Thursday, April 06, 2006
No surprises here
I started my morning early today before the sun was even a glimmer on the horizon. I watched the mountains outside my windows bleeding in the coming dawn and then covered in golden light as the light brightened. The sky is a clear Colorado blue with a few wispy mare's tails and cotton puffs drift lazily overhead. It is chilly in the sunroom and the streets are finally quiet since the cars whizzed by on their way to work. A few scattered neighbors saunter to their cars and back out of their drives into the street before slipping away. Crows and blue jays chase each other around the trees where the branches are pregnant with green buds. Squirrels quarrel and wrestle, tumbling over and over in the crooks of a couple venerable old trees twisted and curved by the winds. Across the street one of the long time resident trees has grown up and around the black spindles of a Victorian black iron wicket fence, encompassing the cross bars and hinged wickets in its climb towards light and sky. It's a typical day.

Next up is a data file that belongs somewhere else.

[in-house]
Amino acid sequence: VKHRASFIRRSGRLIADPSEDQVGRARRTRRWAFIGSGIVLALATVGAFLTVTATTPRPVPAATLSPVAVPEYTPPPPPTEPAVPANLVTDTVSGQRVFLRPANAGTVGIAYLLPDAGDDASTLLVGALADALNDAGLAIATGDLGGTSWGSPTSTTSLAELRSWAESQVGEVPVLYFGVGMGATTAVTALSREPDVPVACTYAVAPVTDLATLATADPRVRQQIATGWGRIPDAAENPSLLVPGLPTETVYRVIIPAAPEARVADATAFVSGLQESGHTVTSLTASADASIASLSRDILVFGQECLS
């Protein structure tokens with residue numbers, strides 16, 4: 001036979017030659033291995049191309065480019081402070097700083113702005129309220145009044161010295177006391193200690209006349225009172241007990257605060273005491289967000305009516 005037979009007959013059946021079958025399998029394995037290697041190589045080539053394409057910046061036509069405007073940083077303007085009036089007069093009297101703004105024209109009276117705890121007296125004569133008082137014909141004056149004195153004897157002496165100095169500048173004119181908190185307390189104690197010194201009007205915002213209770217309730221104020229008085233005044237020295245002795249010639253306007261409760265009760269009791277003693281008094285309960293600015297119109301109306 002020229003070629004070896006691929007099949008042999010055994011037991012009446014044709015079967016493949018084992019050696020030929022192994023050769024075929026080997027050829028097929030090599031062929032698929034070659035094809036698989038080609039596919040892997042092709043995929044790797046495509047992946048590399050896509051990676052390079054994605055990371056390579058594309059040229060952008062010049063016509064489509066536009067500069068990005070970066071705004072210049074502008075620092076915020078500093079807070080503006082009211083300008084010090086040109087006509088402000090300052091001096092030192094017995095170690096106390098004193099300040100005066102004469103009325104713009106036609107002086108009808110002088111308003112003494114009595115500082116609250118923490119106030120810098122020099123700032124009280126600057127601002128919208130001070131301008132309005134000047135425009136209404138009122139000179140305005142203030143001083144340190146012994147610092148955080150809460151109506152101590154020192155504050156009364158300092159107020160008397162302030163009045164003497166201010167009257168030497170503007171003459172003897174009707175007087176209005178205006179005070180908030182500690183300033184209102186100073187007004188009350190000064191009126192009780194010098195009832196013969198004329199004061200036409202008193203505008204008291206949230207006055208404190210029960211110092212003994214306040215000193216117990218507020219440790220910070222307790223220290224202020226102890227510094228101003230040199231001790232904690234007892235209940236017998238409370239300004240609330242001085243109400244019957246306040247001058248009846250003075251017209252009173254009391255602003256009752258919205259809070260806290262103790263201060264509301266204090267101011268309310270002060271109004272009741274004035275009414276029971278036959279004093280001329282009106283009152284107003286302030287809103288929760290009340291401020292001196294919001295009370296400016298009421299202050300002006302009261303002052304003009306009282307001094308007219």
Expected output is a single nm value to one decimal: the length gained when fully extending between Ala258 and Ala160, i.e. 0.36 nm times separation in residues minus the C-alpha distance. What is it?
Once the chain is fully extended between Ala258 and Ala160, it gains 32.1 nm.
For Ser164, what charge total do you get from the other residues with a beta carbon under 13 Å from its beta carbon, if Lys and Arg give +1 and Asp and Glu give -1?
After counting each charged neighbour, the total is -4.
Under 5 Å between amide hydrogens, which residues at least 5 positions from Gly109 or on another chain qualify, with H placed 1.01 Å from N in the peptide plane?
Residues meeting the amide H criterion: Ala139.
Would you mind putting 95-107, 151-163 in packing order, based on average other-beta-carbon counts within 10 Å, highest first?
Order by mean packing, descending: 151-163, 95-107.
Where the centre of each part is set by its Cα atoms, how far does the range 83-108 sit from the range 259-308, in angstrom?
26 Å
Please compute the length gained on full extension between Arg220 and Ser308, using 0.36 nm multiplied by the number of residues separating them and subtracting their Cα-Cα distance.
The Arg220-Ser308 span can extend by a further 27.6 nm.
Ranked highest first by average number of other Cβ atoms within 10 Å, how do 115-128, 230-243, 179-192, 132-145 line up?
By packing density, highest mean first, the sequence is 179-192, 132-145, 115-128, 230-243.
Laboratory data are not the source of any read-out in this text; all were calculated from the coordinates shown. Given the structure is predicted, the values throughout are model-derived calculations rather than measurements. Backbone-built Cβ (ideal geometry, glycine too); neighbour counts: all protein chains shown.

That is, it was a typical day until I read this. I am not surprised, which is a crime in and of itself. I should wonder why government agencies exist, outside of their drain on taxpayer dollars and a place for some people to work, but I can only shake my head and remind the naive soul who passed along the information that we no longer have a government of, by and for the people, but a government steeped in collusion, graft and greed that has become of, by and for whoever has the most money to keep the officials in the style to which they have become accustomed.
What I wonder is what this will do to those people who live by milking the system with the kind of law suits that brought us warning labels on McDonald's coffee reminding us that hot means hot, child proof caps that people with arthritis cannot open but children can, and a field of endeavor looking for ways to blame obesity, heart disease and every modern day ill on someone else's products.
Yes, it's just another day in the neighborhood and I thank my lucky stars that I can stay here in my quiet room and make enough money to keep the roof over my head and the car in the parking lot instead of facing corporate America every day of the working week.
That is all. Disperse.